For the last five years, the Houston Rockets have been defined by the word Moreyball. That word largely means an obsession for the analytics. That obsession resulted in Houston condensing their offense into two types of shots: layups and threes. They believe that this system will eventually end with a championship for Clutch City. Moreyball is a concrete term with a specific list of criteria, so let me offer a broader alternative to describe the Rockets: defiant.
Moreyball was never meant to be a comfortable idea. The NBA, and basketball in general, was initially sour on the concept of shooting threes. Why go that far to score when moving a step or two closer to the basket was seemingly an easier shot? In fact Michael Jordan and Kobe Bryant turned the midrange shot into an art form. Even random titos killed in pick-up games by making piso-piso jumpers. The mid-range was king.
Then, Stephen Curry and the Houston Rockets introduced a simple, alternative against this belief in the mid-range: three is greater than two. The Rockets’ alternative was particularly defiant because they revised our titos’ advice to the extremes. Take the few steps out and get that extra point instead.
The Rockets acquired players who fit this mold. James Harden was the engine of their offense and Daryl Morey surrounded him with shooters and a couple of big men who could roll hard to the rim. The idea was for the Rockets to run a lot of pick and roll so James could create efficient shots for the team.
Teams will double Harden? He can just drop it off to the rolling big. Two points.
The weak side defender will help when James drives? That’s an open corner. Three points.
Dare go under the screen? James can pull-up. Three points.
Get caught up in the pick? That’s an open Harden lay-up. Two points.
This should have worked. The obvious math said it would work. It should have been an efficient offense led by one of the greatest offensive players of all time. However, as they always say, theory is always different in practice.
The Rockets historically struggled during the playoffs when Harden sputtered late in games. When the fourth quarter would get tighter and his shot wouldn’t fall, Houston would have trouble executing their offense. That was one of the drawbacks to the Harden-centric offense. When he was figured out by defenses, Houston didn’t have anywhere else to go to. They acquired Chris Paul in the hopes of solving this dilemma, but his dynamic as a player merely created more friction surrounding the team.
Daryl Morey was at a crossroads. This team desperately needed to at least make it to the Finals, especially considering the level of talent the franchise had in Harden. There was pressure on the Rockets to make a change during the 2019 offseason. Who could they get with the limited resources they could trade away?
Last July, Daryl swung for the fences. He traded away Paul and a load of picks to acquire Russell Westbrook from the Oklahoma City Thunder. During that time, it didn’t make much sense for Daryl to make this trade. He was pairing an already ball-dominant player in Harden with another high-usage talent in Westbrook. If the Beard and CP3 couldn’t co-exist, what more Harden and Westbrook?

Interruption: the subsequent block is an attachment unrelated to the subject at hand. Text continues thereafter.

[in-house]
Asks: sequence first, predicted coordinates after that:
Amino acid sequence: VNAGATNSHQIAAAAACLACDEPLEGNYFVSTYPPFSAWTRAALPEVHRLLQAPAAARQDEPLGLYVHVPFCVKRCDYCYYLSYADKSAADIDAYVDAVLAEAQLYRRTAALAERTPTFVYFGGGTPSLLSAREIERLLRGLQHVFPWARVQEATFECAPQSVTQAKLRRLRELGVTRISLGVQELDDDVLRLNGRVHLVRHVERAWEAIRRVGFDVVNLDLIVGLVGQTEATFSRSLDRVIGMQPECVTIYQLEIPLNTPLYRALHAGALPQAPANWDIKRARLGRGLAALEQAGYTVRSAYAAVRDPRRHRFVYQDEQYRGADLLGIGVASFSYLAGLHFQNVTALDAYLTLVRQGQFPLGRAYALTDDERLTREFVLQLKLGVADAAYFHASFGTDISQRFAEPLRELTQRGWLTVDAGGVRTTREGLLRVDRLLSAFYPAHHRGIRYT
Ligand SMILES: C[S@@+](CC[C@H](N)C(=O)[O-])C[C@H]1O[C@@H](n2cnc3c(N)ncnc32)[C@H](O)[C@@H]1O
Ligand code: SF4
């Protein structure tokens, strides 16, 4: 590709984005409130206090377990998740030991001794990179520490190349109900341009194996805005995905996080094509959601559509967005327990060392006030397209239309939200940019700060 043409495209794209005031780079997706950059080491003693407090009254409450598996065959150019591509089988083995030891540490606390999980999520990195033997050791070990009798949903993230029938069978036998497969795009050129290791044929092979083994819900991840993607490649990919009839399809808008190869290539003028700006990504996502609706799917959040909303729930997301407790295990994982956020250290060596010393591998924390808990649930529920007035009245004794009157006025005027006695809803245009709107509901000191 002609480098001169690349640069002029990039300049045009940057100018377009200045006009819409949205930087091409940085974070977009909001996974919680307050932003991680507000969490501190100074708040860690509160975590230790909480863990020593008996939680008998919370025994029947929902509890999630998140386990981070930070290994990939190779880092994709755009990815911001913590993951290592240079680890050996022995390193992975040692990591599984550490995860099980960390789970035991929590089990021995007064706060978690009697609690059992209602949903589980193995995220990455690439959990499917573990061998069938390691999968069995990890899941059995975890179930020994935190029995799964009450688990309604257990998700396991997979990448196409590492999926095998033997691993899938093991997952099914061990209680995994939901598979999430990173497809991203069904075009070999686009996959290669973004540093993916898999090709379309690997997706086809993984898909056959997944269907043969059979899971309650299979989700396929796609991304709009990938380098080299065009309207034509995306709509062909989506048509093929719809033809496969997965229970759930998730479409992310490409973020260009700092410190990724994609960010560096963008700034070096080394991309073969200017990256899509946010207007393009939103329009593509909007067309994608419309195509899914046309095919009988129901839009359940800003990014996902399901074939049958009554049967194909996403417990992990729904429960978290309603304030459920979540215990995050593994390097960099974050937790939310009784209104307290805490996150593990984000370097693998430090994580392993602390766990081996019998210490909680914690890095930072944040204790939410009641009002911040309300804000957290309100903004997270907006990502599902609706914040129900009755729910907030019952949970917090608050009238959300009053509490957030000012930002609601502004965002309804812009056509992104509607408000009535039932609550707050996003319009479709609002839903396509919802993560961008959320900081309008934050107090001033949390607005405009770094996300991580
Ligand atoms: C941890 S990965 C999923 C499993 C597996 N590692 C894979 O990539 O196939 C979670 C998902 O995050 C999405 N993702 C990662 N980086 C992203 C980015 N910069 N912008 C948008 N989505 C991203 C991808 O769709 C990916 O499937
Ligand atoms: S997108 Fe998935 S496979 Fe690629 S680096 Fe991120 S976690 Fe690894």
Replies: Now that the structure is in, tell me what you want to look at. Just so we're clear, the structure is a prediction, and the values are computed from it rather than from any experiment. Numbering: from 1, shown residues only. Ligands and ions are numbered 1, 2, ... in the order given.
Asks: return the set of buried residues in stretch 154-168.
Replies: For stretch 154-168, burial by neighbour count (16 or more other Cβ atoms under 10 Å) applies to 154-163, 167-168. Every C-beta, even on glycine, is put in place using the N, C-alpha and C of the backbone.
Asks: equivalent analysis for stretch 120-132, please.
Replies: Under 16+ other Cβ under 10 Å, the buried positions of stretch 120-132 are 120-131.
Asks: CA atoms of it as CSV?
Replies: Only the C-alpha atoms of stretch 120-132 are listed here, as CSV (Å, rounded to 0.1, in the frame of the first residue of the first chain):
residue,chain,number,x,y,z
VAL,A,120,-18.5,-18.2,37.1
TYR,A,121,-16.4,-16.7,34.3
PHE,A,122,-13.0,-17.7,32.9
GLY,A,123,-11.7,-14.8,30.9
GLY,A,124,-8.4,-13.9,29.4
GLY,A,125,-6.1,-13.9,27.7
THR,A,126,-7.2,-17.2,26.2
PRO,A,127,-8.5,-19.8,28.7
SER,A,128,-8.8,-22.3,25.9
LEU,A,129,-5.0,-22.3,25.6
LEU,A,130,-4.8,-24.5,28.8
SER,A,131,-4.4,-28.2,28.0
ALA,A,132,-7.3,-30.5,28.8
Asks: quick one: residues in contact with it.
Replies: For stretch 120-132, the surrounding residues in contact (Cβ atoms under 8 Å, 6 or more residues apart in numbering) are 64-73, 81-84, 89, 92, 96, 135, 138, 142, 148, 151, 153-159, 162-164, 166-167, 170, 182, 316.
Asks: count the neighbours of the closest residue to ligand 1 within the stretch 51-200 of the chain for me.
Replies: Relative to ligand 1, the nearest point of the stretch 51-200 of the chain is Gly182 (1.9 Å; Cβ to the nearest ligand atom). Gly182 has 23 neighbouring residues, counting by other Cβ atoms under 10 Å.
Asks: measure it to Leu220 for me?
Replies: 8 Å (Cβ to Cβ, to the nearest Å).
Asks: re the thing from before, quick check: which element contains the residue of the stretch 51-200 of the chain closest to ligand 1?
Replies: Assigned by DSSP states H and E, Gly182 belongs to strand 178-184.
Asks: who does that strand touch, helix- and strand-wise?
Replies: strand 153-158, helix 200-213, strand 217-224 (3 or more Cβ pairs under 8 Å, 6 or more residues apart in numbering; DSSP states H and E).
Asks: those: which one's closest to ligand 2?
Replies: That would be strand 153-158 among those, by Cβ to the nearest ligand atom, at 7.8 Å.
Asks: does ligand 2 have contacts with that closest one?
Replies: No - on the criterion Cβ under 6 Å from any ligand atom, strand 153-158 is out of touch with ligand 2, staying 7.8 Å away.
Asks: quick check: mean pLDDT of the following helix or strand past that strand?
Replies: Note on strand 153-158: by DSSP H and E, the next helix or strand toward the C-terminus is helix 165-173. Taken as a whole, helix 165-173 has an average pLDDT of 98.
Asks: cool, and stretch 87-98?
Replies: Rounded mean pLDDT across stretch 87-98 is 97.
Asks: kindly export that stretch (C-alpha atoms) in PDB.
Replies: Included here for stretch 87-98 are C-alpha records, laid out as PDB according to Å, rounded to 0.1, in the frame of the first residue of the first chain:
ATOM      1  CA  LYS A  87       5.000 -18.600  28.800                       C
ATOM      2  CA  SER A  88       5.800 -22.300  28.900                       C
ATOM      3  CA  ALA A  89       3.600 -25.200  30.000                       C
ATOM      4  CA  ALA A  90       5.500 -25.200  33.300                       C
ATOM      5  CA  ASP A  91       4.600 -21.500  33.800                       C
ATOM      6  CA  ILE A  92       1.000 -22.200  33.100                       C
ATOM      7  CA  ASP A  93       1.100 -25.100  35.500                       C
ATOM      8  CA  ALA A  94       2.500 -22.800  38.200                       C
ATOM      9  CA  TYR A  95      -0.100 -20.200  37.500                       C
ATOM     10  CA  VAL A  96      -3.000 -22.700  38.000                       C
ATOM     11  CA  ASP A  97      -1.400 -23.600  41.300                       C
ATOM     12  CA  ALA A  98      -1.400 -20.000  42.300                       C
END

During the early goings of the season, it looked like the critics were right. Not only was Westbrook struggling alongside Harden, but some of the bad habits he got from OKC he brought over to the Rockets. He still continued to take terrible shots from three and the mid-range. While Harden continued to flourish, Westbrook looked lost. It all culminated in an embarrassing loss on Christmas day to the undermanned Warriors, a game in which Westbrook shot 0/8 from beyond the arc.
Did the Rockets make a mistake in trading for Russ?
This year though, something shifted. Westbrook’s production and efficiency started to improve. The rise of Russ was most evident against the LA Lakers on February 7, when he put up 41 points, eight rebounds, and five assists on a whopping 61% field goal shooting. What was happening? Did Russ just magically flip a switch we never knew he actually had?
It was never about flipping a switch. Instead, it was Russ and the Rockets gaining a better understanding of who Russ was and wasn’t. He isn’t a three-point shooter. Forcing him to shoot spot-ups off passes from Harden is a terrible idea. He isn’t an elite cutter either. He’s respectable, but he’s never been the best at it. What is he? Russ is an elite attacker. He is athletically gifted, surprisingly strong, and incredibly relentless. That inexplicable drive is what makes him so good.
Russ wasn’t supposed play second-fiddle to Harden. It was never supposed to be that. He was supposed to be the Iron Man to Harden’s Captain America; a brash, stylish, and sometimes, unreasonable player who complimented the neutral good of his teammate. While Harden killed teams with a smooth offensive games predicated on layups and threes, Westbrook was at his best attacking for nearly unstoppable twos.
Moreyball. It wasn’t just about threes, there are also twos involved. Before, they only got those from Harden’s own forays to the hoop and Clint Capela’s dives to the rim. Now, with Westbrook’s changed mindset and new game plan by the Rockets, they’re getting it not only from Harden’s crafty game, but also from Russ’ aggressiveness in attacking.
Moreyball continues to feel uncomfortable. That’s the thing, it isn’t meant to follow the norm by being an idea that’s easy to grasp. It’s out of the box. It’s defiant. With Westbrook and his changed outlook on the game, they get the player who perfectly encapsulates this spirit their system was supposed to bring ever since day one. That brash belief may just be what they need to get over the hump when the playoffs come along.